Best way to implement a time delay

I’ve tried several ways to implement a delay in game:

import time

stupid of me, this actually stops the engine’s brain i found out. hehehe

from threading import Timer

t = Timer(2, self.next_player)

This way works, but the execution continues, and the timer is created in a separate thread.

Now my question, is there any way that I can create a blocking delay, but with the panda engine still rendering whatever is currently “playing” in the scene?


Sounds like you want a Task, or at least a doMethodLater:

taskMgr.doMethodLater(delayTime, self.myFunction, 'taskName')

In this example, you should declare myFunction to accept one parameter (in addition to self), called task. You can ignore this additional parameter. This function will get called after the delayTime has expired. Put your followup code there. Also see

Alternatively, you might want to use an Interval, which is a way to have a totally scripted series of actions take place over a period of time. See


But wouldn’t that be the same as:

from threading import Timer
t = Timer(delaytime, functionname)

What I was curious about was whether a “blocking timedelay” could be possible, something like this:

label = DirectLabel(text="You just lost 100 dollars")
base.idle(2) # made up, but the execution "stops" here until 2 seconds later
label.destroy() # 2 seconds later, the execution continues to here

Do you know what I mean? Or am I daydreaming? hehehe…
Now that I think of it, it probably isn’t possible.

Thanks dave. :wink:

It’s actually not the same thing as using threading, because the Panda Task system is a cooperative system, implemented in a single thread. It therefore avoids all of the synchronicity and race-condition problems you traditionally have dealing with multiprogramming.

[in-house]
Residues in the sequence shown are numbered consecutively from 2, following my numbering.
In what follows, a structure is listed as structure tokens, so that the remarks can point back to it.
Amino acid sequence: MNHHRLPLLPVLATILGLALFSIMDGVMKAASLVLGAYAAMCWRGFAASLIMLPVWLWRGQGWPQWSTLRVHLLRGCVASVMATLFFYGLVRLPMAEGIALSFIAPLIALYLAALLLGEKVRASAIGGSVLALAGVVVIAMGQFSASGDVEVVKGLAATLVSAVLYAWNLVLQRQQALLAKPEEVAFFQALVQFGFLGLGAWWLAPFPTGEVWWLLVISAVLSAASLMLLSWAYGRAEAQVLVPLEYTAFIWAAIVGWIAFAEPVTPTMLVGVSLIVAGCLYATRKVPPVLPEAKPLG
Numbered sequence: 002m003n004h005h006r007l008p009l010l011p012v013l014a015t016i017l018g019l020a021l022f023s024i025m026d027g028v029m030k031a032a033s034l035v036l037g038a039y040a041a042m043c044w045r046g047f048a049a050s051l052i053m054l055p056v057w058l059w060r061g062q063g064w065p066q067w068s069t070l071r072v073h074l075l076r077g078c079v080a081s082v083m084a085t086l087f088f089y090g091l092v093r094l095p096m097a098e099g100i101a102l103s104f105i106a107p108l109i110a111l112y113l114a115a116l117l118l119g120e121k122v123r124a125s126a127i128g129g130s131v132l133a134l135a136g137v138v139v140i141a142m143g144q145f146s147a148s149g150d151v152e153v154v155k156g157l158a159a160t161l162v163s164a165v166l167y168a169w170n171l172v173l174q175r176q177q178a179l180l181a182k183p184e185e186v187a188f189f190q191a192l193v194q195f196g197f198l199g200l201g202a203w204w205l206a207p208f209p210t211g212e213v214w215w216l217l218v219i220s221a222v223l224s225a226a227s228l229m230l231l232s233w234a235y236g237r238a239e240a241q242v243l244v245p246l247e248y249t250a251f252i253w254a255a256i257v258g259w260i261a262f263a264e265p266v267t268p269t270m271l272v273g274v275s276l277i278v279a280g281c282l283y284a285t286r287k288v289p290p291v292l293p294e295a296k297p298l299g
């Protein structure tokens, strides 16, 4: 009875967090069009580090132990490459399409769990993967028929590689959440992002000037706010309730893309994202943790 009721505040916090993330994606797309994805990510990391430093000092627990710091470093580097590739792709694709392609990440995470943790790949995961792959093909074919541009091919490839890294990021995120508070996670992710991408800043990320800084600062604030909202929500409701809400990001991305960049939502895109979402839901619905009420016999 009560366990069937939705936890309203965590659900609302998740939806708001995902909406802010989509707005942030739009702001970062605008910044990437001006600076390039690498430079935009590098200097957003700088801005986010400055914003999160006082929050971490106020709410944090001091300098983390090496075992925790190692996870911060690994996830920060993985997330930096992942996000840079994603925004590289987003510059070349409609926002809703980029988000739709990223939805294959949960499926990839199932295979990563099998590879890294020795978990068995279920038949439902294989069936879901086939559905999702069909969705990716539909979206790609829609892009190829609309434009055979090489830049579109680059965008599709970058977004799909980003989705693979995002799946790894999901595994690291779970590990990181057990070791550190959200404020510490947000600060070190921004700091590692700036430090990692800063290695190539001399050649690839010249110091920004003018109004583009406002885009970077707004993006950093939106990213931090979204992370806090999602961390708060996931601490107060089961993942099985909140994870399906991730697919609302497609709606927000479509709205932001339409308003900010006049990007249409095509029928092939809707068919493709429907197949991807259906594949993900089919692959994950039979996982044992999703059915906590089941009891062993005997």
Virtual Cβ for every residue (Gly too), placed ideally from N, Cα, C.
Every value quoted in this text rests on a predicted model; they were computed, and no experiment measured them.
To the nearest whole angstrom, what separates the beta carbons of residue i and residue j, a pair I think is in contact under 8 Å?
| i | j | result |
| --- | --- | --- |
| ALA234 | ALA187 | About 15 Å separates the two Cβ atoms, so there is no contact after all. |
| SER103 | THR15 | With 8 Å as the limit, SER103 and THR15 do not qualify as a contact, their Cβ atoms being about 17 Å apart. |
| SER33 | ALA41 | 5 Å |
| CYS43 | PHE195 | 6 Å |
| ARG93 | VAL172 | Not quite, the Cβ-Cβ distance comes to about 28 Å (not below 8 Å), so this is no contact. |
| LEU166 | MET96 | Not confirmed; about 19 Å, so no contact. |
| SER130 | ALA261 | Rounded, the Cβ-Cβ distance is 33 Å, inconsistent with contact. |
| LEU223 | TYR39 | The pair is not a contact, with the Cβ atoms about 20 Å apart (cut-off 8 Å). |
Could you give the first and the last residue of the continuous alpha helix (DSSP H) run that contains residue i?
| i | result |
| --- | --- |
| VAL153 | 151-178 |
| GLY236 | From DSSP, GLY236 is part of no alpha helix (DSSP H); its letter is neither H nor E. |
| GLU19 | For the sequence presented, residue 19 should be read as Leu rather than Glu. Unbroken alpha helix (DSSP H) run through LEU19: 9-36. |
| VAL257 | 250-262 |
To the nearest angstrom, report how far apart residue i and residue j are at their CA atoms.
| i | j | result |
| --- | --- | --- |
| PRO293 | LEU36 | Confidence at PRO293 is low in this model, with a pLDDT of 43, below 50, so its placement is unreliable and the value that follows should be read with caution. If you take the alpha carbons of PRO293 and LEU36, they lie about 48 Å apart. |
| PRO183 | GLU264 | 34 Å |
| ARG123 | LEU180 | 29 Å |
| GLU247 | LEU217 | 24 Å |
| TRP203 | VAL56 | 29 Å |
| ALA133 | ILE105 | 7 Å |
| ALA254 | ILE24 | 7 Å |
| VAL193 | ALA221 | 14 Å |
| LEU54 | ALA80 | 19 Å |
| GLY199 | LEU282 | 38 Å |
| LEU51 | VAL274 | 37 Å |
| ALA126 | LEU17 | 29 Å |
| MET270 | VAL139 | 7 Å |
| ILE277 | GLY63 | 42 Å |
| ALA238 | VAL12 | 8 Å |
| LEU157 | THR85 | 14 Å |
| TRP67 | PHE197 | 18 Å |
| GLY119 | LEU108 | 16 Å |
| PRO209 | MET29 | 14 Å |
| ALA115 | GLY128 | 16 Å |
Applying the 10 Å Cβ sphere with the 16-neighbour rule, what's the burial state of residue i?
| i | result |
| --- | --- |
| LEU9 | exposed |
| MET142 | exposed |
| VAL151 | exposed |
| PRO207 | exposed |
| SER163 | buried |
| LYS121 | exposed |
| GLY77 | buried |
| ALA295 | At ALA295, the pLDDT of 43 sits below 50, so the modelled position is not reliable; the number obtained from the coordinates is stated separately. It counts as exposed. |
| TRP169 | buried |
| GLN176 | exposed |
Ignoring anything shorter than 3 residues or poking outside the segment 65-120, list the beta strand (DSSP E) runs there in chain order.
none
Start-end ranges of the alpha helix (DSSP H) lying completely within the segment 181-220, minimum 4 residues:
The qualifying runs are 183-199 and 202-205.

What you’re really asking for is the ability to block the current Task for a length of time and resume later, while allowing other Tasks to continue. That’s exactly what doMethodLater does, with the caveat that you have to pick up where you left off in a different function, which means you need to be resposible for saving all your relevant state (but you can pass arbitrary arguments to the callback method). Although it sounds clumsy, with this system it is actually quite easy to do anything that you would have done with your hypothetical blocking delay function. For instance, to take your example:

label = DirectLabel(text="You just lost 100 dollars")
taskMgr.doMethodLater(2, destroyLabel, 'destroyLabel', extraArgs=[label])

def destroyLabel(label):


Oh yeah–the implicit assumption is that the calling function–the one that created the label–is also running in its own Task, and that it simply returns, ending its task. Execution of that particular Task need not continue.

When you start using event-driven programming, you will put everything in one task or another, or as a callback on events (such as user input responses), or within an Interval. This is the normal way to design a gui-based interactive program. There’s no longer a single “main” thread of execution that must be paused and resumed.


Cool! Thanks for the pointer on the extraArgs parameter and the explanation.